Date: May 25, 2009
Creator: Naulleau, Patrick
Partner: UNT Libraries Government Documents Department

Current trends in the packaging of photonic devices

Description: Optoelectronic and photonic devices hold great promise for high data-rate communication and computing. Their wide implementation was limited first by the device technologies and now suffers due to the need for high-precision packaging that is mass-produced. The use of photons as a medium of communication and control implies a unique set of packaging constraints that are highly driven by the need for micron and even sub-micron alignments between photonic devices and their transmission media. Current trends in optoelectronic device packaging are reviewed and future directions are identified both for free-space (3-dimensional) and guided-wave (2-dimensional) photonics. Emphasis will be placed on the special needs generated by increasing levels of device integration.
Date: April 1, 1995
Creator: Carson, R.F.
Partner: UNT Libraries Government Documents Department

Supercritical carbon dioxide extraction of solvent from micromachined structures

Description: We have demonstrated that supercritical carbon dioxide extraction can be used for solvent removal to successfully release compliant surface micromachined structures on silicon wafers developed at Sandia National Laboratories. Structures that have been successfully extracted and released include single gear microengines, bridge and cantilever beams, pressure transducers, and experimental comb drive actuators. Since the supercritical fluid has negligible surface tension, it has virtually unabated access to solvent residing in capillary-like spaces as narrow as 1--3 {mu}m under the micromachined features. While conventional drying techniques have been plagued with the collapse and sticking of micromachined structures due to surface tension effects, supercritical carbon dioxide has been shown to reproducibly dry components and test structures, including bridge and cantilever beams approaching 1000 {mu}m in length, without collapsing. The equipment and the extraction process are described, and photographs of supercritically dried test structures and components are presented.
Date: December 31, 1995
Creator: Russick, E.M.; Adkins, C.L.J. & Dyck, C.W.
Partner: UNT Libraries Government Documents Department

Metallization and packaging of compound semiconductor devices at Sandia National Laboratories

Description: Recent advances in compound semiconductor technology utilize a variety of metal thin films fabricated by thermal and electron-beam evaporation, and electroplating. An overview of metal processes used by Sandia`s Compound Semiconductor Research Laboratory is presented. Descriptions of electrical n-type and p-type ohmic contact alloys, interconnect metal, and metal layers specifically included for packaging requirements are addressed. Several illustrations of devices incorporating gold plated air bridges are included. ``Back-end`` processes such as flip-chip under bump metallurgy with fluxless solder reflow and plated solder processes are mentioned as current research areas.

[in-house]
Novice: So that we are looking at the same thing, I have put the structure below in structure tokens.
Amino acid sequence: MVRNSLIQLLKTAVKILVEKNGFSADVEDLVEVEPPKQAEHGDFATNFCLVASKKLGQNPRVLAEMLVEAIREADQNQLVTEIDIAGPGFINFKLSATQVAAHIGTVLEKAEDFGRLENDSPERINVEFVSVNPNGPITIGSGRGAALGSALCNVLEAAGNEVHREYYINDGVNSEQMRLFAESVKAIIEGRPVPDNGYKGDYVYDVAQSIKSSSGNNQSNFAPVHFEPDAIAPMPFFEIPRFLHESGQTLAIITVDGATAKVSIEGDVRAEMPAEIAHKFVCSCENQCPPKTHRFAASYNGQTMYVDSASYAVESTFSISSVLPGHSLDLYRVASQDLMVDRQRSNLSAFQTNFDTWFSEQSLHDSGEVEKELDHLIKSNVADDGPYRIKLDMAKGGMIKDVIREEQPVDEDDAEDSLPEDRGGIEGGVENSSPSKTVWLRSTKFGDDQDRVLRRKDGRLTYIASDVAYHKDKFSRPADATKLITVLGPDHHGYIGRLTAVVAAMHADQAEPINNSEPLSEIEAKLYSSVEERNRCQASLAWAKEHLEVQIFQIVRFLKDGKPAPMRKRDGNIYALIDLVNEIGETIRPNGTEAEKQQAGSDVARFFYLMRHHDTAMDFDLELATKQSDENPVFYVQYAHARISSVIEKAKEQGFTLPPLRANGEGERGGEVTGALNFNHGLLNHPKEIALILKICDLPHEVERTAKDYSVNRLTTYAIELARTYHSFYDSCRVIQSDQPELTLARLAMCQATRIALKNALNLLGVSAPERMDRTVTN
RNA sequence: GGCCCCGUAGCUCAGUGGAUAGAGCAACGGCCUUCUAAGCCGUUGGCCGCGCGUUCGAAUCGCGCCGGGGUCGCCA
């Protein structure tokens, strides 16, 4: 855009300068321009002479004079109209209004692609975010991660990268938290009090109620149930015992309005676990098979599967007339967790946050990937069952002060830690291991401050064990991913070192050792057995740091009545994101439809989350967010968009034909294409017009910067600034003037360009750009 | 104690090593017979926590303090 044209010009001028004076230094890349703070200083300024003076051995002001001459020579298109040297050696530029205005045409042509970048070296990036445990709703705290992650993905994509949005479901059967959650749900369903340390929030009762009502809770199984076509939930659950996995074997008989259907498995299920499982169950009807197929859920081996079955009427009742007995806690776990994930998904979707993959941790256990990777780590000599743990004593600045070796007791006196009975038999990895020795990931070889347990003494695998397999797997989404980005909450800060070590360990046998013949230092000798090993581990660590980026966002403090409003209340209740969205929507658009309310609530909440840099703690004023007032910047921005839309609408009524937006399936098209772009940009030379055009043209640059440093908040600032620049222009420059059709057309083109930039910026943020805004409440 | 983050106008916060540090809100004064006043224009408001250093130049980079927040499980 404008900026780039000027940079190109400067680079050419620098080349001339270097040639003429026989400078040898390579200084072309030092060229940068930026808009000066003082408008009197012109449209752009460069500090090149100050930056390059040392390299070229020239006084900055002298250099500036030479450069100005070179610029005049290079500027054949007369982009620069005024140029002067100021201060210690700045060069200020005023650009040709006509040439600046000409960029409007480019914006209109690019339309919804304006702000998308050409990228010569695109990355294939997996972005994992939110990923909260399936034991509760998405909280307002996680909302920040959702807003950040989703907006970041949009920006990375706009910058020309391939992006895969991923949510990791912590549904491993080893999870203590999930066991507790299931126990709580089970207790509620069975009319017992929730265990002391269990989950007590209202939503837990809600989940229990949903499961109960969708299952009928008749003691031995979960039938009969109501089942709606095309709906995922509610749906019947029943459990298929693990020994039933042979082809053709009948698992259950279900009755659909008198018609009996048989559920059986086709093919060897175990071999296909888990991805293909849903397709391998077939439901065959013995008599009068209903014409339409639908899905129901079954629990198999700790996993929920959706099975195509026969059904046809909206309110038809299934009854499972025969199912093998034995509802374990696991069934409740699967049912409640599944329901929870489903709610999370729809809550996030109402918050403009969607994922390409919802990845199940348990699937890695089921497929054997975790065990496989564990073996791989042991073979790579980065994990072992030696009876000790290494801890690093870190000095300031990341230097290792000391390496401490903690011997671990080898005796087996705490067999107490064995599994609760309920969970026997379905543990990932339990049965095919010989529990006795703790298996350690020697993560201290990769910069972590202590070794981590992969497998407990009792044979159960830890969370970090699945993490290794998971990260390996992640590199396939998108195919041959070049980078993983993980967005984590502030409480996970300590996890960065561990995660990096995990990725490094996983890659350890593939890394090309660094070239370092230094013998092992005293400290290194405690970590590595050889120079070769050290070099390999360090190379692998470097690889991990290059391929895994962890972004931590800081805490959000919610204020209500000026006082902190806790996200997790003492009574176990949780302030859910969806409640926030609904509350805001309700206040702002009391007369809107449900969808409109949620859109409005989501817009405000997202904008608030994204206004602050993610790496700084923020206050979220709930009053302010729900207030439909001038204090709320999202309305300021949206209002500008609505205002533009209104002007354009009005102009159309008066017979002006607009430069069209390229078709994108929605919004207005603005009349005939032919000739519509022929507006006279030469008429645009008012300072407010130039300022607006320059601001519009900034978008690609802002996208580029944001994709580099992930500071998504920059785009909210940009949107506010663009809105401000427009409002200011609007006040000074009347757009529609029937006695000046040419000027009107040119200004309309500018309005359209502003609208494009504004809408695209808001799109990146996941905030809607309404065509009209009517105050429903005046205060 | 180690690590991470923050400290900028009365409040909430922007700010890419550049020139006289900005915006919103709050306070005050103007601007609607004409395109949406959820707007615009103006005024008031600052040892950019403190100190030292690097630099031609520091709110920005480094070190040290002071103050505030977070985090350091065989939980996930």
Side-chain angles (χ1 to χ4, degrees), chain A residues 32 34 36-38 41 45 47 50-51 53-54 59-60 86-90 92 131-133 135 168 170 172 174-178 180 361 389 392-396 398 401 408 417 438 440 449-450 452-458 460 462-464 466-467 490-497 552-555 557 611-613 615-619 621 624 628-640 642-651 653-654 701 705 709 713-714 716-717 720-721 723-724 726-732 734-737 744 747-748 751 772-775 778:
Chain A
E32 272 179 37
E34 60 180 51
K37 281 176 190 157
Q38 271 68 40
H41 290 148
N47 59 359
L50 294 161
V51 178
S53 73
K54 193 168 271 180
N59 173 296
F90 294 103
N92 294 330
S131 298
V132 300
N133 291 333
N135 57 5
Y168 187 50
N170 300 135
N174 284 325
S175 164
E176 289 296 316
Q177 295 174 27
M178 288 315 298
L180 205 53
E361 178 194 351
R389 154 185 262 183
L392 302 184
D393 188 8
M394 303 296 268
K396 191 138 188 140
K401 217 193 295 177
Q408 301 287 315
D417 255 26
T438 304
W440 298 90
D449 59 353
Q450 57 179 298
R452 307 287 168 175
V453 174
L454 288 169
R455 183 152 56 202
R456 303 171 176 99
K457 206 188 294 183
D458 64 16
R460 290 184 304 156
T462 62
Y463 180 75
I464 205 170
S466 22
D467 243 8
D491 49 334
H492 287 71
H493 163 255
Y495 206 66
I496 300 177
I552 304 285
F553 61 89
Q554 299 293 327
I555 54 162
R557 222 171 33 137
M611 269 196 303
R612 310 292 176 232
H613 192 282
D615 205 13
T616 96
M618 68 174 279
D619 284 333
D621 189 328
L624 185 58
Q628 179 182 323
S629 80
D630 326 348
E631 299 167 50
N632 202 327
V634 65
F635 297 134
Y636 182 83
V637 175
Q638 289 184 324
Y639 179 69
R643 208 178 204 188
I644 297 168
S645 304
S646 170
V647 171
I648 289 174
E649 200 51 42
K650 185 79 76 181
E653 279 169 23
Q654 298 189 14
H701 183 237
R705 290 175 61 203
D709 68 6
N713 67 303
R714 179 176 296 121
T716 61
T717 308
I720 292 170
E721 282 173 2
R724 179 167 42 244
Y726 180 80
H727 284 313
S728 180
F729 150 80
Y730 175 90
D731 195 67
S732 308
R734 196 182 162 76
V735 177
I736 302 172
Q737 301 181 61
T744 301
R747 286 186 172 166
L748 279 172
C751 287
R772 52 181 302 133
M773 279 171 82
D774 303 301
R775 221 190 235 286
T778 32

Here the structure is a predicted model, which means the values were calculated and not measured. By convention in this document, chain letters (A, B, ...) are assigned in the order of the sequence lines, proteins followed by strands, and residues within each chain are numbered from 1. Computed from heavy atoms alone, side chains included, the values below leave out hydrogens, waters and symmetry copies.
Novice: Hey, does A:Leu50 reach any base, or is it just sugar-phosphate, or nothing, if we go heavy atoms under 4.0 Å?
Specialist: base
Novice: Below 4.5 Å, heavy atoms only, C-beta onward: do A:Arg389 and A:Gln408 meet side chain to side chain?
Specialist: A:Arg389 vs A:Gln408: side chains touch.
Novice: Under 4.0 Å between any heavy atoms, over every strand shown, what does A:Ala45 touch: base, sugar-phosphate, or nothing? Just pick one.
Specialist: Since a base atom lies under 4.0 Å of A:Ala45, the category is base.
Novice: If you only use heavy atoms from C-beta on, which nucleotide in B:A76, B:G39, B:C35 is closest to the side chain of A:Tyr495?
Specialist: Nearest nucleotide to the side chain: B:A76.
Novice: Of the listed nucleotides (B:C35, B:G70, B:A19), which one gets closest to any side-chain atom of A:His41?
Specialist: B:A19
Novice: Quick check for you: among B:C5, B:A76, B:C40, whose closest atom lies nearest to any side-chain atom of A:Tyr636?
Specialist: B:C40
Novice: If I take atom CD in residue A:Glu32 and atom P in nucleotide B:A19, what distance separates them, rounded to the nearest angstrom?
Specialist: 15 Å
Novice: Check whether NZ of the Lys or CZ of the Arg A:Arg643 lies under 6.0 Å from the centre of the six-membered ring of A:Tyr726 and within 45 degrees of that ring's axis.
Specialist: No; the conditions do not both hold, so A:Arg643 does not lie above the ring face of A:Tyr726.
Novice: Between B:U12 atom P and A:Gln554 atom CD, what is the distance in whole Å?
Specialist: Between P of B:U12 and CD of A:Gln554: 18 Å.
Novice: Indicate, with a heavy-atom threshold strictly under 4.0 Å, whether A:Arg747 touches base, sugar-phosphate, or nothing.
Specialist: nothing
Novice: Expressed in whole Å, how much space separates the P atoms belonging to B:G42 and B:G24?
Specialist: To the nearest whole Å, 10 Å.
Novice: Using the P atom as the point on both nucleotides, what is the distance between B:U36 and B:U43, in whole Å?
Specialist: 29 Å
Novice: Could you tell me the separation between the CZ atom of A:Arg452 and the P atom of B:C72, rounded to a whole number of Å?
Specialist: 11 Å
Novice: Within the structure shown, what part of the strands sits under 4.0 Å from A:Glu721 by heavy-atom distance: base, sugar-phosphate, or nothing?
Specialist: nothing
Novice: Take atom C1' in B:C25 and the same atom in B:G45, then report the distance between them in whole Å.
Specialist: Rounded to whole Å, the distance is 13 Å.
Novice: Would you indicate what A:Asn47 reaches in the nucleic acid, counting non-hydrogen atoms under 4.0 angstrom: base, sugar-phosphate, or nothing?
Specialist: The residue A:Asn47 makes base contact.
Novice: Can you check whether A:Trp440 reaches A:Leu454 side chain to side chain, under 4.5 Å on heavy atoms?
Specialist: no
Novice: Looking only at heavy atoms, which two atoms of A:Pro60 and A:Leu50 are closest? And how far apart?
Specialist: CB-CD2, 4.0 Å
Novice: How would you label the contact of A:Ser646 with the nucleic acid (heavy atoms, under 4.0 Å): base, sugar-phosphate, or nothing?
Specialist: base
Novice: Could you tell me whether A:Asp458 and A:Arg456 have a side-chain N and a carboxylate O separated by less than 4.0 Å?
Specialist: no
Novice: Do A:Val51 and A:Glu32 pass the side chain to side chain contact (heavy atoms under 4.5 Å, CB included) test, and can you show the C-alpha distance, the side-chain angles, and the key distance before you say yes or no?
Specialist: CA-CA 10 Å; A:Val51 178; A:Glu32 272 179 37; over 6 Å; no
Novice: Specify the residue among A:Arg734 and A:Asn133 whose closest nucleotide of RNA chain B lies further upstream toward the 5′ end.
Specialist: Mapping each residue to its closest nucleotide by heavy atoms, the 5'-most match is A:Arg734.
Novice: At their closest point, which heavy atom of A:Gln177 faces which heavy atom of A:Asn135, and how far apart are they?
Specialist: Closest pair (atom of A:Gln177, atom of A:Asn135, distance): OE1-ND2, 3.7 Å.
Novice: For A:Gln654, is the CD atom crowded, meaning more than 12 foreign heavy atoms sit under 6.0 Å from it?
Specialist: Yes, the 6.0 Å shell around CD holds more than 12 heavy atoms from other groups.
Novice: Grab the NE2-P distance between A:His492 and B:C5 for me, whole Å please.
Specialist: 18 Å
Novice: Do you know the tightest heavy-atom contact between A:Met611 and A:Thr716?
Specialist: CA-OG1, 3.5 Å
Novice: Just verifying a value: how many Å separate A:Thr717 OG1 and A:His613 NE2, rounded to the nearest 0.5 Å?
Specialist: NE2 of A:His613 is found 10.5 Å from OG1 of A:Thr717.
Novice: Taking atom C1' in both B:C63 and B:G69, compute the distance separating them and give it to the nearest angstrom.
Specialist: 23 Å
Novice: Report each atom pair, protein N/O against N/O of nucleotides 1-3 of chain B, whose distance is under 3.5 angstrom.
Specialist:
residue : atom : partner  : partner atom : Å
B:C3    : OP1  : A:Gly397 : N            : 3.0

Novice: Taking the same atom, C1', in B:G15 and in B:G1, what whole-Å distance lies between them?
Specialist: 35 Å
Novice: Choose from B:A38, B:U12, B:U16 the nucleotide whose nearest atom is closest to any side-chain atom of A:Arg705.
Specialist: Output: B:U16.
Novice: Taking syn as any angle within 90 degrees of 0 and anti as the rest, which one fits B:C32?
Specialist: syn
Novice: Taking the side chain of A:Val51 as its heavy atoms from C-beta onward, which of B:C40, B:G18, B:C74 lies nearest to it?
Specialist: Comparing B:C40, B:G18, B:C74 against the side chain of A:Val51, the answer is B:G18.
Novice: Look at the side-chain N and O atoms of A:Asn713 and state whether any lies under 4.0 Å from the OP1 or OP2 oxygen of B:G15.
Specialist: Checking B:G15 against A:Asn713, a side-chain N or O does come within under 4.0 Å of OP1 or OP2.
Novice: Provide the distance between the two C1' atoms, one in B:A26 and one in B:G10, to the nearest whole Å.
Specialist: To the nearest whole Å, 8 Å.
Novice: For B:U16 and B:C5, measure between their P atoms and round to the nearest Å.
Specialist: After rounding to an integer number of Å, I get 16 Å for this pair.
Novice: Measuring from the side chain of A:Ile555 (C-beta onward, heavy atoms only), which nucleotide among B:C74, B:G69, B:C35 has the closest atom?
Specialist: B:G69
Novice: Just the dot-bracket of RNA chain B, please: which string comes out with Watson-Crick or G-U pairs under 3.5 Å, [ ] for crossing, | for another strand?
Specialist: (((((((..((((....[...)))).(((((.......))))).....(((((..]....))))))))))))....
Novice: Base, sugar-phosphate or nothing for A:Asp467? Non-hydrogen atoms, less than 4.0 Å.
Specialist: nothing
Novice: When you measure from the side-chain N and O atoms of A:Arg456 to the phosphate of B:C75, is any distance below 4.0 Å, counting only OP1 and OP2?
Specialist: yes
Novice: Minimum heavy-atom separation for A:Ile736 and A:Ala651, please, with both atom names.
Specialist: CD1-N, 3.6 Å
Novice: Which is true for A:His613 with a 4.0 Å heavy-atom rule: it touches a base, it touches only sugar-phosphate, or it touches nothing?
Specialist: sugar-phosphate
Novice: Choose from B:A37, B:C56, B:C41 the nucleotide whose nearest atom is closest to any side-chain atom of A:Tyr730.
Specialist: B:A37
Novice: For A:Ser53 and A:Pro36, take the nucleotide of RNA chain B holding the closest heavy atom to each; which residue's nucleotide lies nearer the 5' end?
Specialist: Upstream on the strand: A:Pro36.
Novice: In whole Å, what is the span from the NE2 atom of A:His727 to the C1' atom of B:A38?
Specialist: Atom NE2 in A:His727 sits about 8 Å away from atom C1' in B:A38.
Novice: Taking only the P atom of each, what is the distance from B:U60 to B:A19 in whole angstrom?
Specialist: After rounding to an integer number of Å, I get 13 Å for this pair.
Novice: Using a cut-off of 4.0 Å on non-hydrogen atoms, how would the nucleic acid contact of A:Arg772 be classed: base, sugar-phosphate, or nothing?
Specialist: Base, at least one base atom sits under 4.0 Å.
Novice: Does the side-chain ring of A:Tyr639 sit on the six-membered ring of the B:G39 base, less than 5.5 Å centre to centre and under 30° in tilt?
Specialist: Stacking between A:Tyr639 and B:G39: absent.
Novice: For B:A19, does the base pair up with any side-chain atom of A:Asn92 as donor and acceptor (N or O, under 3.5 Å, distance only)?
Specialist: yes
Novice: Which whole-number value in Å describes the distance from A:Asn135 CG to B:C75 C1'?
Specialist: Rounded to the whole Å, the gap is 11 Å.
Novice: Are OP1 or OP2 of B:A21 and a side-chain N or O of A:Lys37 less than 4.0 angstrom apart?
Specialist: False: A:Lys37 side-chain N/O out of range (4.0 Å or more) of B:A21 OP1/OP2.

Date: November 1, 1996
Creator: Seigal, P.K.; Armendariz, M.G.; Rieger, D.J.; Lear, K.L. & Sullivan, C.T.
Partner: UNT Libraries Government Documents Department

Theoretical tools for semiconductors devices

Description: This is the final report of a three-year, Laboratory-Directed Research and Development (LDRD) project at the Los Alamos National Laboratory (LANL). Future generations of Very Large Scale Integrated (VLSI) circuits require semiconducting devices that are much faster and smaller than current devices. Three-dimensional and transient effects are critical to the performance of these devices. Yet using Monte Carlo (MC) codes to perform time-dependent, three-dimensional simulations will not be feasible in the foreseeable future. Here we re-analyze the physics of semiconductors; use singular perturbation techniques to derive the reduced-dimensionality equations that accurately describe the semiconductor in the regimes corresponding to ultra-small ultra-fast devices; and validate the resulting theoretical models against MC simulations and experimental data. The objective of this project was to gain the capability of accurately simulating ultra-small ultra-fast devices in three spatial dimensions with the ultimate goal of transforming the design of advanced devices.